Cohen agrees with Singer on two points:
Singer draws the conclusion that it is our duty to give famine aid until we are in or near poverty ourselves. Cohen disagrees. He maintains that it is possible to fail to prevent deaths while not letting anyone die and, thus, not violating the duty.
That sounds paradoxical. Isn’t failing to do what you could to save someone’s life the same thing as letting that person die? Cohen claims that this is not so in a special kind of case: those who have done their fair share to prevent deaths are not responsible for any deaths that come about because others have not done their share. The slackers are the ones who let the people die; the people who did their parts did not let anyone die despite the fact that they could have prevented the deaths.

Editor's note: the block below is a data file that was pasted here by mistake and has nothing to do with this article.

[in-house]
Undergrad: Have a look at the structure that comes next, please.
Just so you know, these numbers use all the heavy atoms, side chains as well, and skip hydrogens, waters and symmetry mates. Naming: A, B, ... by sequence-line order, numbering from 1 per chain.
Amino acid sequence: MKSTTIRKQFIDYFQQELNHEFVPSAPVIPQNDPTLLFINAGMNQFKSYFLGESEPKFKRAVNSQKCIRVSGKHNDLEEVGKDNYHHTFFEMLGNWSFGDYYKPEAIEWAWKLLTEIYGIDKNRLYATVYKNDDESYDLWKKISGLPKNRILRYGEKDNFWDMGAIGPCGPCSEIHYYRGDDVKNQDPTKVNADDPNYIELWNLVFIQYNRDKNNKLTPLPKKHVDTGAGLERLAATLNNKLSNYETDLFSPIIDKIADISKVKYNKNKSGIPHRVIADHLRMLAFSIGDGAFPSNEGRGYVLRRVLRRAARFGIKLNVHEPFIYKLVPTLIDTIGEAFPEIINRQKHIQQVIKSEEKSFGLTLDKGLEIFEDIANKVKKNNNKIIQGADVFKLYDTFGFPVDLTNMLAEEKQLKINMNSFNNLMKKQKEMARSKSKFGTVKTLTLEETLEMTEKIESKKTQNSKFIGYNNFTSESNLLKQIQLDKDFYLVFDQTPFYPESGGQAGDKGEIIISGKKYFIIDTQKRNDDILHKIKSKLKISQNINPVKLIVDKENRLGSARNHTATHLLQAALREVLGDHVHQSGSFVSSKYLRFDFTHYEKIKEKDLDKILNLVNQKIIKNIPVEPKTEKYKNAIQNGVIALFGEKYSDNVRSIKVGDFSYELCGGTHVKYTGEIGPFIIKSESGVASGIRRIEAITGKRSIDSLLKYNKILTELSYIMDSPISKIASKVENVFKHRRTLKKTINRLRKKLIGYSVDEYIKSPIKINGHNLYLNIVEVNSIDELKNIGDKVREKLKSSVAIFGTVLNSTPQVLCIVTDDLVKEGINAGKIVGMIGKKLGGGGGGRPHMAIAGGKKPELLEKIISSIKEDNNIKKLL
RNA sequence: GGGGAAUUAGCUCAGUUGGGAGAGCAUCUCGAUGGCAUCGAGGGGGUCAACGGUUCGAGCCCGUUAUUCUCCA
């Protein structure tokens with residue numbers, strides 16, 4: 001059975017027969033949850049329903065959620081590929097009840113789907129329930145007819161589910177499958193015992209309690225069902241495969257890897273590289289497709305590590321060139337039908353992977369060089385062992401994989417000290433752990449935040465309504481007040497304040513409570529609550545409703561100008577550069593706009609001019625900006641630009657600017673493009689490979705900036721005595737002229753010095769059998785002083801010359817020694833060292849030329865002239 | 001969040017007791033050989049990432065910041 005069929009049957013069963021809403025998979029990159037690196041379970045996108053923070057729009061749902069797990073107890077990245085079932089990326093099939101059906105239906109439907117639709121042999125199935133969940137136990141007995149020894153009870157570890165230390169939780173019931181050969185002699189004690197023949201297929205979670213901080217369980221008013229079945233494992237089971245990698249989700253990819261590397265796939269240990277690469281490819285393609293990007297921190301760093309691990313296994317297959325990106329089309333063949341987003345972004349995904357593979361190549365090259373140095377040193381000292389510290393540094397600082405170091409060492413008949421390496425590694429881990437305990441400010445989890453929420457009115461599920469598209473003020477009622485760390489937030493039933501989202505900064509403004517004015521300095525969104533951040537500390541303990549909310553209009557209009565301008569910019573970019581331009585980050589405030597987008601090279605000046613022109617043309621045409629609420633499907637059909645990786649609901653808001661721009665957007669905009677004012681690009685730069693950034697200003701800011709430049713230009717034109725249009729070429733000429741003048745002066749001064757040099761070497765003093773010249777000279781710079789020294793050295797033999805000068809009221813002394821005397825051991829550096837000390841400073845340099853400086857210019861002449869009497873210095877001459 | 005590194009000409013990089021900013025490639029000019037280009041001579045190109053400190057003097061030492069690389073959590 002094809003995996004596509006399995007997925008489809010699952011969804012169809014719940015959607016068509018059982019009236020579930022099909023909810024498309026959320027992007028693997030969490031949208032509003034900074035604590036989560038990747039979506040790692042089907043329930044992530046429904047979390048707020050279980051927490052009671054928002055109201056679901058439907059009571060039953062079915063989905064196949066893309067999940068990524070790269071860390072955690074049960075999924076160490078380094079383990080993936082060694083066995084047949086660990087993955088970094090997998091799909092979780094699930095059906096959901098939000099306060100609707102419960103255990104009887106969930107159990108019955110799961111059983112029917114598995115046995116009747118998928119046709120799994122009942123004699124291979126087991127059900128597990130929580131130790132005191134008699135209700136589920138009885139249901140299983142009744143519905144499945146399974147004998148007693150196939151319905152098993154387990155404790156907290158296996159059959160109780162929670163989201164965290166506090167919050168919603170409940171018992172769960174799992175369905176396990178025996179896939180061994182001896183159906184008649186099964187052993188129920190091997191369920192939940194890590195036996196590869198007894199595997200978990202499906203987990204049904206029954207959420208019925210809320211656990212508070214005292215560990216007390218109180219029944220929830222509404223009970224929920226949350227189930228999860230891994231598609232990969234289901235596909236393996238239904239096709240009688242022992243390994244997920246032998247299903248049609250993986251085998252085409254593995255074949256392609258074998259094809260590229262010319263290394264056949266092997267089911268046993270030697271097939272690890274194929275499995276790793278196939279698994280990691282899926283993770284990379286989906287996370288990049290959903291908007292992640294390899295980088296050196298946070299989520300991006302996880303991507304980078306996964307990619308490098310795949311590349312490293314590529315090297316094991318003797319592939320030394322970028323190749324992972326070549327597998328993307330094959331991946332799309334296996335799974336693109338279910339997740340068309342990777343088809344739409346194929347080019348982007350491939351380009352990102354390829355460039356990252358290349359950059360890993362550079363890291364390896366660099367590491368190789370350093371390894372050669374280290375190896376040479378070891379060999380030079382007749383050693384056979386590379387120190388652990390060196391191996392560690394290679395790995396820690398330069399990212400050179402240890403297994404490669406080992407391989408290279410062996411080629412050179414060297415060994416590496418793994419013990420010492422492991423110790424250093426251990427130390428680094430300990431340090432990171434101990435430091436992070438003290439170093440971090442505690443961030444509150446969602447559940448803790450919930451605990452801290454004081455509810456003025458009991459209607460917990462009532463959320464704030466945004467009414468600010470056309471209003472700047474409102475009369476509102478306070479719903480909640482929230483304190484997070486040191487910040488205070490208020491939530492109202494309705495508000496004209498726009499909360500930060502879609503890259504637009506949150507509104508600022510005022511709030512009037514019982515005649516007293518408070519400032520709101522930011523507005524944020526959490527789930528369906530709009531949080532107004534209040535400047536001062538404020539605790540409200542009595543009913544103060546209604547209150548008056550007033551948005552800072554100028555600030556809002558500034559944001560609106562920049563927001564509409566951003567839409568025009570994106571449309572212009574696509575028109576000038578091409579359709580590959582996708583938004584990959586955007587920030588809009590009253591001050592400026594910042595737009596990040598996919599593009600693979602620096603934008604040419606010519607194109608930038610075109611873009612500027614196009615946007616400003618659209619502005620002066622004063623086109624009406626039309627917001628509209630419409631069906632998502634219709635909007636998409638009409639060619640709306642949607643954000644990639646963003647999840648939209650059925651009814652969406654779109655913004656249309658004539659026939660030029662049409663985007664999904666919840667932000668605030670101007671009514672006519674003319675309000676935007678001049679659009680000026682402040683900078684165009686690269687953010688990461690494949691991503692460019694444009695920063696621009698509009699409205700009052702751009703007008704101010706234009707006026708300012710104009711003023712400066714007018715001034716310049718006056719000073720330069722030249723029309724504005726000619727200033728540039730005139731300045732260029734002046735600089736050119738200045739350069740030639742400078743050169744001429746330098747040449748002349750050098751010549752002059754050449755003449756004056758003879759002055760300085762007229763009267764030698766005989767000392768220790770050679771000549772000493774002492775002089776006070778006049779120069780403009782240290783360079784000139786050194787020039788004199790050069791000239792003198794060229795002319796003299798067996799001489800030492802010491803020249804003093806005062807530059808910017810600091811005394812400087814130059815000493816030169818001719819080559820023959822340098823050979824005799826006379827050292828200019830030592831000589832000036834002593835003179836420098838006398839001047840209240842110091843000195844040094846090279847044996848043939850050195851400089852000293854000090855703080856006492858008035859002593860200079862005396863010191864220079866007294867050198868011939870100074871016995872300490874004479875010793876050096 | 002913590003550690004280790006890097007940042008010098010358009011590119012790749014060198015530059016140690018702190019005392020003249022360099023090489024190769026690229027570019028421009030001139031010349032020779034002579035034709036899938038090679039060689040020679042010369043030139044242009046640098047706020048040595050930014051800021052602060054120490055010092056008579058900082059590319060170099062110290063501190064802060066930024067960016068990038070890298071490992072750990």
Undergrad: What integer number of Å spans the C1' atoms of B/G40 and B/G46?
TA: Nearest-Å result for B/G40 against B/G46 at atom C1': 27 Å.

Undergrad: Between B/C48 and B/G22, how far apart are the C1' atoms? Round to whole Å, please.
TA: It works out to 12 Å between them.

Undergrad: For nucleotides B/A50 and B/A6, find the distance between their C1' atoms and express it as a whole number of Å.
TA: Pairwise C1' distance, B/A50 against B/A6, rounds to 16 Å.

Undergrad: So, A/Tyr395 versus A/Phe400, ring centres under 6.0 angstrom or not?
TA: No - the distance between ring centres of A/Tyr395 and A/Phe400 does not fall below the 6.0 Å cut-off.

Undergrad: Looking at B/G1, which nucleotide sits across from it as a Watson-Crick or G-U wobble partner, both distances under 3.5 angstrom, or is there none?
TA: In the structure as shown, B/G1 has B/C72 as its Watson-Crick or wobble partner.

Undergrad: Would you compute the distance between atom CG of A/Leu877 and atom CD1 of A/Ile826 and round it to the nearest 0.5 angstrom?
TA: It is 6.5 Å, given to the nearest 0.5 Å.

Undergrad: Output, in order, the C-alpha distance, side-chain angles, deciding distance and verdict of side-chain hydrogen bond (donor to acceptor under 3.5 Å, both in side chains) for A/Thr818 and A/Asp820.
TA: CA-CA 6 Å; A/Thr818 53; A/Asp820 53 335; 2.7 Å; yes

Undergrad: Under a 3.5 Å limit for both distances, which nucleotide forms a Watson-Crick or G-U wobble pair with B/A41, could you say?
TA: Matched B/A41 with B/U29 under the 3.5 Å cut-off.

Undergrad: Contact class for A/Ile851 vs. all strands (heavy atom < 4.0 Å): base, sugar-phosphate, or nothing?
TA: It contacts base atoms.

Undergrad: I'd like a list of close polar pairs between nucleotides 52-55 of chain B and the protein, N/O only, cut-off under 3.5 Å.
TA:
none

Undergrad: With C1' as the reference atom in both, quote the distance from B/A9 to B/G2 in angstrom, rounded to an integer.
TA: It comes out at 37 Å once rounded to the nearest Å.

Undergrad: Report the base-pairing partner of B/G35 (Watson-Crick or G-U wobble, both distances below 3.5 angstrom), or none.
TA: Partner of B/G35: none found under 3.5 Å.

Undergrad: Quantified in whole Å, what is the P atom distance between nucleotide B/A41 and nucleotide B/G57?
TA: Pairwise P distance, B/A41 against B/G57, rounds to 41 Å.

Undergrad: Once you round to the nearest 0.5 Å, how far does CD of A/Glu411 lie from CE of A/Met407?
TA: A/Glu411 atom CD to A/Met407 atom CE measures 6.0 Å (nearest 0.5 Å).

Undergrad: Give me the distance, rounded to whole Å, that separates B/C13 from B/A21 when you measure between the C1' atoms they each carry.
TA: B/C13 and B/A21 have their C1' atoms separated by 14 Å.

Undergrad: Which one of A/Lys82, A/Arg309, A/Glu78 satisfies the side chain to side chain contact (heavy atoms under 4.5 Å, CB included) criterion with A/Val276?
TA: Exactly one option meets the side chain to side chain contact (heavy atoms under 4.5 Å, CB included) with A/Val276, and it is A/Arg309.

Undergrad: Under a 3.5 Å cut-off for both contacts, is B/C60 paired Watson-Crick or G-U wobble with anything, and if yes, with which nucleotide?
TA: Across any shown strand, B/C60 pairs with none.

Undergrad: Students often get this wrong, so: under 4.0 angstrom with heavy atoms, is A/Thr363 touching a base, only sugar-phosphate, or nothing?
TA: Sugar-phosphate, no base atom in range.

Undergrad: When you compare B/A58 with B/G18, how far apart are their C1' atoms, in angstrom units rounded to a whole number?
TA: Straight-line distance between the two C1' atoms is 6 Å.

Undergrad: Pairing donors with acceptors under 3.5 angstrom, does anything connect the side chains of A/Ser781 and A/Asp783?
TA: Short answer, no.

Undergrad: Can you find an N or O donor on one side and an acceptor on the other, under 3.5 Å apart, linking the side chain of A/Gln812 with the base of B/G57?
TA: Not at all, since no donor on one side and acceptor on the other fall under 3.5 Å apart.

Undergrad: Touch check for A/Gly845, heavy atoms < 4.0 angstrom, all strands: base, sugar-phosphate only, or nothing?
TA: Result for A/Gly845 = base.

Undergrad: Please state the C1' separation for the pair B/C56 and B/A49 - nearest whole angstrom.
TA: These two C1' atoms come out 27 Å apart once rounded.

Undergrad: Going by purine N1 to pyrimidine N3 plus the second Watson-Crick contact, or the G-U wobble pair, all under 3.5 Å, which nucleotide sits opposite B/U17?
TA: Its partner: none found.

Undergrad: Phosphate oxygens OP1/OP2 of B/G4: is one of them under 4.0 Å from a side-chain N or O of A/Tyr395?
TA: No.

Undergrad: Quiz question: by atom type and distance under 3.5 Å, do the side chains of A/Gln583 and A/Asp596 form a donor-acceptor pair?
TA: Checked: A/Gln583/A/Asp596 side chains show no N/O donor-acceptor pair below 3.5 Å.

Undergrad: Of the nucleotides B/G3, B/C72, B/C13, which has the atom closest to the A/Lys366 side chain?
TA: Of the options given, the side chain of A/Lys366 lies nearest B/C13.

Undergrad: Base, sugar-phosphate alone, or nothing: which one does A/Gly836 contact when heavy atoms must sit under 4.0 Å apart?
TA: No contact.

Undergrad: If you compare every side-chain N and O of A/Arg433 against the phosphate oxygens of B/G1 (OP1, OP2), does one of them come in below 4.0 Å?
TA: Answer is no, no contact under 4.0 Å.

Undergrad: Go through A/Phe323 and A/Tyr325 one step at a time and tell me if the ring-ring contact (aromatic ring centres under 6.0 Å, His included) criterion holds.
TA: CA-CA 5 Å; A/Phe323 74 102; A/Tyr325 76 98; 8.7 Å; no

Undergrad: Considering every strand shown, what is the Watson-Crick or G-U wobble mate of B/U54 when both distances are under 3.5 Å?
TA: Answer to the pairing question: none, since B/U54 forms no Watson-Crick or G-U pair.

Singer could agree that this is how we think about responsibility as a matter of fact while denying that it is how we should think about it. Cohen gave three arguments in defense of this way of thinking about responsibility: the perverse incentives argument, the argument from responsibility, and the fairness argument. After laying out Cohen’s position, in all its apparently paradoxical glory, we discussed each of these arguments in turn